Daniel B. Schwartz is an Orthodox Jew and an attorney from Monsey, New York, who like me, calls himself a Centrist. This is how we both define our religious ideals. He has however written an article in the Times of Israel where he spells out what he calls his redefinition of it. Do we define Centrism the same way? Well, yes and no.

For me Centrism is a Hashkfa — a term that I think we first have to define.  A Hashaka as I have always understood it, is an approach to Judaism. One that stems from how one best understands the essential truths of the Torah.

Centrism is about what we think God requires of us and what He does not require;. A Centrist strives to understand the Torah’s philosophical underpinnings and how to apply them in our daily lives. It is way of living that best accords with what we understand to be God’s design for us — His Chosen people. In short we seek truth. We choose which ever path leads to it. In seeking that path we do not necessarily choose stringency or leniency. We just seek truth.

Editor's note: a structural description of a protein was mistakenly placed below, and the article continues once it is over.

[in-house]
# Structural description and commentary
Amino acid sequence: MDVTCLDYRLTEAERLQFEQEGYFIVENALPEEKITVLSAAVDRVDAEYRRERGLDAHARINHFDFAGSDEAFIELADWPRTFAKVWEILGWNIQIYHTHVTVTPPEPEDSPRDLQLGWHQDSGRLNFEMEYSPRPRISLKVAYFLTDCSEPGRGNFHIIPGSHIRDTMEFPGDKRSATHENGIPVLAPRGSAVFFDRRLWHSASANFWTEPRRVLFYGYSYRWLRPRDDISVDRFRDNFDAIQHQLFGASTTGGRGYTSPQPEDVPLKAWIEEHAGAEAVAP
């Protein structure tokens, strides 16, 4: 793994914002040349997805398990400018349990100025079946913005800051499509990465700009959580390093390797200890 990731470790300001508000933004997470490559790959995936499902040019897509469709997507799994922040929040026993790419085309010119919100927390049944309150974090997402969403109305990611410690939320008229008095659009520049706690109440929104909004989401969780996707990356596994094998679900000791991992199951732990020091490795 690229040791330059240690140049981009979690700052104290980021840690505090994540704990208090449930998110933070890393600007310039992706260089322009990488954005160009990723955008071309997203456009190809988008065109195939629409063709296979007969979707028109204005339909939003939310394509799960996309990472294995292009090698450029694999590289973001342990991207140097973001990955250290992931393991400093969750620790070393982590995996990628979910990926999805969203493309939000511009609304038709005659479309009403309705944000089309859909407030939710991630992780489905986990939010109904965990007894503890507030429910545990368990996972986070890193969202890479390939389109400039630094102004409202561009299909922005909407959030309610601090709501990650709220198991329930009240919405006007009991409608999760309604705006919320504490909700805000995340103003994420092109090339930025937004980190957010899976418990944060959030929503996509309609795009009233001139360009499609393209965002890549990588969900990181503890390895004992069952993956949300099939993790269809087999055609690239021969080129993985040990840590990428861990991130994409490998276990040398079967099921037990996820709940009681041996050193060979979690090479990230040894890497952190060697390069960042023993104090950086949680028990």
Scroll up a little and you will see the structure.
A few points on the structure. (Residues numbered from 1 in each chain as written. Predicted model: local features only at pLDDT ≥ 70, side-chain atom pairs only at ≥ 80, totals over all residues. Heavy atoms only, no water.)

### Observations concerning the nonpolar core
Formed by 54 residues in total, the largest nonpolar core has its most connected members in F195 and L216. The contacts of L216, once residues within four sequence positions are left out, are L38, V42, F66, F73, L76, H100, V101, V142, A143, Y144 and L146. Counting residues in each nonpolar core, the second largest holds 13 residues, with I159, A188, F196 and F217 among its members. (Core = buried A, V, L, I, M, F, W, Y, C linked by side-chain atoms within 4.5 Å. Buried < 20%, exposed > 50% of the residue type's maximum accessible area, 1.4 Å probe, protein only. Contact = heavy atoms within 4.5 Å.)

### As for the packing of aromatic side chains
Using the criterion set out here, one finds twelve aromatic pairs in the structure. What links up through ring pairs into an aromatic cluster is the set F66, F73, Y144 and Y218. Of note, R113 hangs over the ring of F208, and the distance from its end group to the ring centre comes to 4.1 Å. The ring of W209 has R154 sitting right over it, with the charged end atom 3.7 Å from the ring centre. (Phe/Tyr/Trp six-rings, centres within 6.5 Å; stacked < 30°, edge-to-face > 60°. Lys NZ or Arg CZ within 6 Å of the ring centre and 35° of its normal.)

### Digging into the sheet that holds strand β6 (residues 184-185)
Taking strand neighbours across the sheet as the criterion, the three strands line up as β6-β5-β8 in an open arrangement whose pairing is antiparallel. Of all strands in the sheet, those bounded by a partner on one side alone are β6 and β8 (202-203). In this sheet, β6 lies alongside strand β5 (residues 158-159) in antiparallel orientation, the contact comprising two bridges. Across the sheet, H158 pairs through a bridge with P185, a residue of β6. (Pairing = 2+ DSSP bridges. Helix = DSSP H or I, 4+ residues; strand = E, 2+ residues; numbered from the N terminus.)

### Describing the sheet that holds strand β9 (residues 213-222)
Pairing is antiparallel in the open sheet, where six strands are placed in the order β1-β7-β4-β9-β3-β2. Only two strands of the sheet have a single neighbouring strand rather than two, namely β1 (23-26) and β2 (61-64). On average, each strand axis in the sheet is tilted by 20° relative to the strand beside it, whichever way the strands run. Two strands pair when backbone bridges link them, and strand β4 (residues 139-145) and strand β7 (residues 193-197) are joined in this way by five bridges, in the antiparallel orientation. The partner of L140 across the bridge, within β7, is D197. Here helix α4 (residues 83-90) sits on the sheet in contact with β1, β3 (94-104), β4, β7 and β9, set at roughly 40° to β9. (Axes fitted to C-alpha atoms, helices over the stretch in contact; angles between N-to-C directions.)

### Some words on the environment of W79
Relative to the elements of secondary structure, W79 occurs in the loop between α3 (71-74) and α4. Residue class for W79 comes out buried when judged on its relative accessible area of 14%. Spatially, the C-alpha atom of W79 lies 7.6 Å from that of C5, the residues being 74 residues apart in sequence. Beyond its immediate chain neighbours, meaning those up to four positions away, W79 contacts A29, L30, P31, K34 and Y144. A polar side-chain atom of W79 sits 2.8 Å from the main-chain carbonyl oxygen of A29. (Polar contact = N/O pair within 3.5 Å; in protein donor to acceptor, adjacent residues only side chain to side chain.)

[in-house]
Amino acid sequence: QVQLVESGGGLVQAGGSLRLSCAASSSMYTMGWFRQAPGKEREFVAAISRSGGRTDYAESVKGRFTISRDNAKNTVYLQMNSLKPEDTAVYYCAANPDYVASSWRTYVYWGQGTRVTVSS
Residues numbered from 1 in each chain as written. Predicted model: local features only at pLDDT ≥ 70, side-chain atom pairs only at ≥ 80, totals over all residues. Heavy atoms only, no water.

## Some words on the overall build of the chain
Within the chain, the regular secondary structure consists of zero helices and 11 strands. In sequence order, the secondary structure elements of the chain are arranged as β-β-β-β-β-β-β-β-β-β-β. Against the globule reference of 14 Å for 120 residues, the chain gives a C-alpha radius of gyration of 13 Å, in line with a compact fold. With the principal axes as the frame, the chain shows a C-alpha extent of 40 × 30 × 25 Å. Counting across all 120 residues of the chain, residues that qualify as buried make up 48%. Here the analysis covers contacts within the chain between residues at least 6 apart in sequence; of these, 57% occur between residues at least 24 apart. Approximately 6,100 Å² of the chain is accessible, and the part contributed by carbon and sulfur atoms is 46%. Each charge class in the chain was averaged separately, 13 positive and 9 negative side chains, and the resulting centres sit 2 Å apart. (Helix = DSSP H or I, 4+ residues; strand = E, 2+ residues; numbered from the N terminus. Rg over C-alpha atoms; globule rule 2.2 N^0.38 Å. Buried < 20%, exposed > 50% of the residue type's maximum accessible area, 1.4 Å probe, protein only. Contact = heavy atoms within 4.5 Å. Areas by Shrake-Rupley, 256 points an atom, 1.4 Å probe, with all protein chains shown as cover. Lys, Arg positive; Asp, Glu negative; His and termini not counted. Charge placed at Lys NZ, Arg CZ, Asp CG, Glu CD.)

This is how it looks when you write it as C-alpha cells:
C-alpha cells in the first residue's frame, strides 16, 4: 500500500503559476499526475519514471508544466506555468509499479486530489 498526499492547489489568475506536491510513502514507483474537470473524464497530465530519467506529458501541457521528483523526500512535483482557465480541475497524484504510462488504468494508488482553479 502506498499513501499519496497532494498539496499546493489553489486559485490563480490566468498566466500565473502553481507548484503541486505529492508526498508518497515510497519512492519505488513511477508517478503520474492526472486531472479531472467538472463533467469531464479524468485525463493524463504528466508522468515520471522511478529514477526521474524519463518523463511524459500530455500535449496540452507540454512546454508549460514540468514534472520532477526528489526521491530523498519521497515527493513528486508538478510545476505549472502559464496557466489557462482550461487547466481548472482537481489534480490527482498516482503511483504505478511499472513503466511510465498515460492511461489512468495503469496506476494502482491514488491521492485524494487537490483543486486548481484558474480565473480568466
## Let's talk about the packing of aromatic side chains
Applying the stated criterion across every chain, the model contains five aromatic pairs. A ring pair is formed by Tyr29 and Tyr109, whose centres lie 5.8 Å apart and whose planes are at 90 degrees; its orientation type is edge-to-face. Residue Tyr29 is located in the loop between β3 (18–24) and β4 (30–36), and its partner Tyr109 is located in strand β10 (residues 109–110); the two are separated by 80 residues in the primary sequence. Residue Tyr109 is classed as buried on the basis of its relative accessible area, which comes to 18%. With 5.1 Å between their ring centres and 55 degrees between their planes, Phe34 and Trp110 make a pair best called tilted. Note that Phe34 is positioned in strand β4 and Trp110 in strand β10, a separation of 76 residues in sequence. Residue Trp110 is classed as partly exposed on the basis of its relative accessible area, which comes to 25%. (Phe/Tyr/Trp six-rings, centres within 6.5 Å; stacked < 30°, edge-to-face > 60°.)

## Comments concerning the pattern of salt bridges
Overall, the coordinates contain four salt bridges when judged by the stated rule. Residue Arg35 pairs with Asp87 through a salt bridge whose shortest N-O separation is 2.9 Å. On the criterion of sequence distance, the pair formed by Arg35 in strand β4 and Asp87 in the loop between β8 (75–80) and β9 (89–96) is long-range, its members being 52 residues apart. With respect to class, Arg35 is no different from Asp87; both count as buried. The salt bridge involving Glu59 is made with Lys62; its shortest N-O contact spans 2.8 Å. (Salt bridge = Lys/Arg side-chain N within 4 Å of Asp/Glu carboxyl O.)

Of course all Hashkafos in Orthodoxy might be defined the same way. So what’s the difference? It is in where each segment ends up after finding what they believe to be the truth of Torah.

Centrism is not a Hashkafa which as Daniel points out (as did Dr. Norman Lamm before him) is defined as the midpoint between two extremes. Each of which can shift one way or the other over time. That would make Centrism nothing more a mathematical determination — that would change with the wind irrespective of any ideals. A Centrist has ideals, just like those to his Hashkafic right or left. The differences being in what those ideals are and how we arrive at them.